h2ofun

Active Member
Aug 11, 2020
4,132
1,073
auburn, ca
Awesome, thanks jjrandorin!






Yes, the Gen 2 Vue comes with the CTs to cover the mains so it always knows what is coming into the panel. And there's a bundle that includes 16 separate 50 A CTs for each breaker you want to monitor in that panel. If you want to monitor more than 16 circuits, you'll need a second Vue.

If a breaker is not connected to one of the 16 CTs, it goes to a unallocated "balance" line item, and you cannot report on it. So it's not so much a pain adjusting stuff as it is a pain confirming which breaker actually controls what.

The biggest hassle I have is my house was wired by a drunk person. One breaker covered 2 outlets in my living room, in a closet around the corner, and for some reason one plug in my dining room. I'm like... wtf. So I struggled a bit to figure out exactly which outlet in my house went to which breaker in my breaker panel. In some cases, I used my wife's space heater and turned it on to see which CT reported the watt-spike and wrote that down.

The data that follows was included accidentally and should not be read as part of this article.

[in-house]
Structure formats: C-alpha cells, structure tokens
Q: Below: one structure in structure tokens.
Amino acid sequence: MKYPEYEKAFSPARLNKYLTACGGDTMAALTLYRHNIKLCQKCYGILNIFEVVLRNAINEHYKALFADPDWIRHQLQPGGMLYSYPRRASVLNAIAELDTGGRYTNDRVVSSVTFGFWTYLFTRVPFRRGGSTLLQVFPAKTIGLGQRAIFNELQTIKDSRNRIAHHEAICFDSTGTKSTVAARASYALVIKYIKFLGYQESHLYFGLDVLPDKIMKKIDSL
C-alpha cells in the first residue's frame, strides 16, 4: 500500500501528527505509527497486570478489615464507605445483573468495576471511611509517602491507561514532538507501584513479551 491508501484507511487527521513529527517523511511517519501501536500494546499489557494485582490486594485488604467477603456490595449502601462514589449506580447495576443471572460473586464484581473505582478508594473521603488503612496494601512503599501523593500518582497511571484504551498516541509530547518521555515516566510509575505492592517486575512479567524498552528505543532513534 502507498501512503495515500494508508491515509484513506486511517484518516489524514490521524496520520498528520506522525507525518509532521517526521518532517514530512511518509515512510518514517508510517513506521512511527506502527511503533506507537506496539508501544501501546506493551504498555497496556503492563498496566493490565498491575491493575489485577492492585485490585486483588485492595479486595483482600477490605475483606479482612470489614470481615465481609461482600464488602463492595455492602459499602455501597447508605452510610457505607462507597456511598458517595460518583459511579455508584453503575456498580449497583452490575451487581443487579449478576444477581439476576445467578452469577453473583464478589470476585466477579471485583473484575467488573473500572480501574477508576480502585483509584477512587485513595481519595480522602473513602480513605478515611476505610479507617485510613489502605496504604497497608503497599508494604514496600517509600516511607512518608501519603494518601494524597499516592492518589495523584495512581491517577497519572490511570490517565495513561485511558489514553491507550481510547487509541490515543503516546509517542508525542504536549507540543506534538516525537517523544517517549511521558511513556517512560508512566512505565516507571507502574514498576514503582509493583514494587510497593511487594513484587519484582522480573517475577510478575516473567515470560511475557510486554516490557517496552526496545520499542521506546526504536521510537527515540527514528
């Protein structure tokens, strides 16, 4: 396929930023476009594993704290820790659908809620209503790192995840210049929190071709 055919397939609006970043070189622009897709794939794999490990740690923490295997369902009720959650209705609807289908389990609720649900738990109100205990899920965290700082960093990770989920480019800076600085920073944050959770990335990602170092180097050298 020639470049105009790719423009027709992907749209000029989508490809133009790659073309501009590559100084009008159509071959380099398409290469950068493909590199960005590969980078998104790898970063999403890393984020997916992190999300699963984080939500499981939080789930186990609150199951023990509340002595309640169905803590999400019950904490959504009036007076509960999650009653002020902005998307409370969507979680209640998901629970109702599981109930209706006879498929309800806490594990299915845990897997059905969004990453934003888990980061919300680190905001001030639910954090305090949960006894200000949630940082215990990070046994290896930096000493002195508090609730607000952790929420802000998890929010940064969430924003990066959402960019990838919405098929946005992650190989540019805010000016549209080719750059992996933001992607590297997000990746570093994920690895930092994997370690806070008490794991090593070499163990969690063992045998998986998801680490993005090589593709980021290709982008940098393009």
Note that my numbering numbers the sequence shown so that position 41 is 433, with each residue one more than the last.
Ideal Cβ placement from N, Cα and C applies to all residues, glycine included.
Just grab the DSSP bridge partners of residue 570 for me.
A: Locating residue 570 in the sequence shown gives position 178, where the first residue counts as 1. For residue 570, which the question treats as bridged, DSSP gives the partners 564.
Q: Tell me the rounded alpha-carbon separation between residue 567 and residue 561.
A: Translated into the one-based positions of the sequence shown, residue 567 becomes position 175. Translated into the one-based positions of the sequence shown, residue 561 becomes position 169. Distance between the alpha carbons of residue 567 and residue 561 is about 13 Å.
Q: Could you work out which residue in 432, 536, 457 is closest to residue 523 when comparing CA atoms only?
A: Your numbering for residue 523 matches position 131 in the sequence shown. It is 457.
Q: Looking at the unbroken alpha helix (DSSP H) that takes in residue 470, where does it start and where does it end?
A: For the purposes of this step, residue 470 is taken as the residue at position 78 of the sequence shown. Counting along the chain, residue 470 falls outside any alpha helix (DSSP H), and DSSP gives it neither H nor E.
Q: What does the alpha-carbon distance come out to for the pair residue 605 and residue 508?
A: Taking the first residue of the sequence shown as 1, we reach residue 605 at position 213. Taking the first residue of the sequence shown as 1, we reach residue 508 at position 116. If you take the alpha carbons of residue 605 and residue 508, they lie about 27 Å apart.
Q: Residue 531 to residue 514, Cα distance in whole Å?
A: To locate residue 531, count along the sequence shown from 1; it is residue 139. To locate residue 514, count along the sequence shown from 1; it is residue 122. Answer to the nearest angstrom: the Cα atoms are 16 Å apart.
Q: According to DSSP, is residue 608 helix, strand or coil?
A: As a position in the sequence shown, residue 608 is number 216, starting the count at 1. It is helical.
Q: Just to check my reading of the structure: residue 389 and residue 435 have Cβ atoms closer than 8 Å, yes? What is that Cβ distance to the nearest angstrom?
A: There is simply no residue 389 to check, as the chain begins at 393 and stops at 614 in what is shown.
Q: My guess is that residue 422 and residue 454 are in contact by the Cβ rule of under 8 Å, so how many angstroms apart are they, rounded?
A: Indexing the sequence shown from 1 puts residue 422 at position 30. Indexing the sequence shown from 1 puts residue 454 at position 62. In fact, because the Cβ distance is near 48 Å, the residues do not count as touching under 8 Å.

I thought only my house was built that way :)

So far my lessons learned. Yep, space heaters suck the suds!!! Pool pumps take suds. My christmas lights took lots of suds. But, I am trying to just be comfortable. Telling the wife when to run the washer, dryer or dish washer at certain times did not make a lot of points. If I have to pay some at true up, so what.

Your comment about heat/air was interesting. When I was researching mini splits, I remember a Youtube from a person who was measuring stuff and commenting that even in off mode, they still took a large amount of energy. I have no way to turn a breaker to each of my 10 mini split heads. Guess that might end up just being a cost for the units. Just like reading this 10% loss using batteries is the pits.
 

holeydonut

Active Member
Supporting Member
Jun 27, 2020
3,668
3,185
East Bay NorCal
Wow this is much cheaper (at aound $150 on amazon) than IotaWatt and has more sensors. It also gets power directly from a breaker instead of having to plug a transformer into an outlet. So to be me this seems better than iotawatt.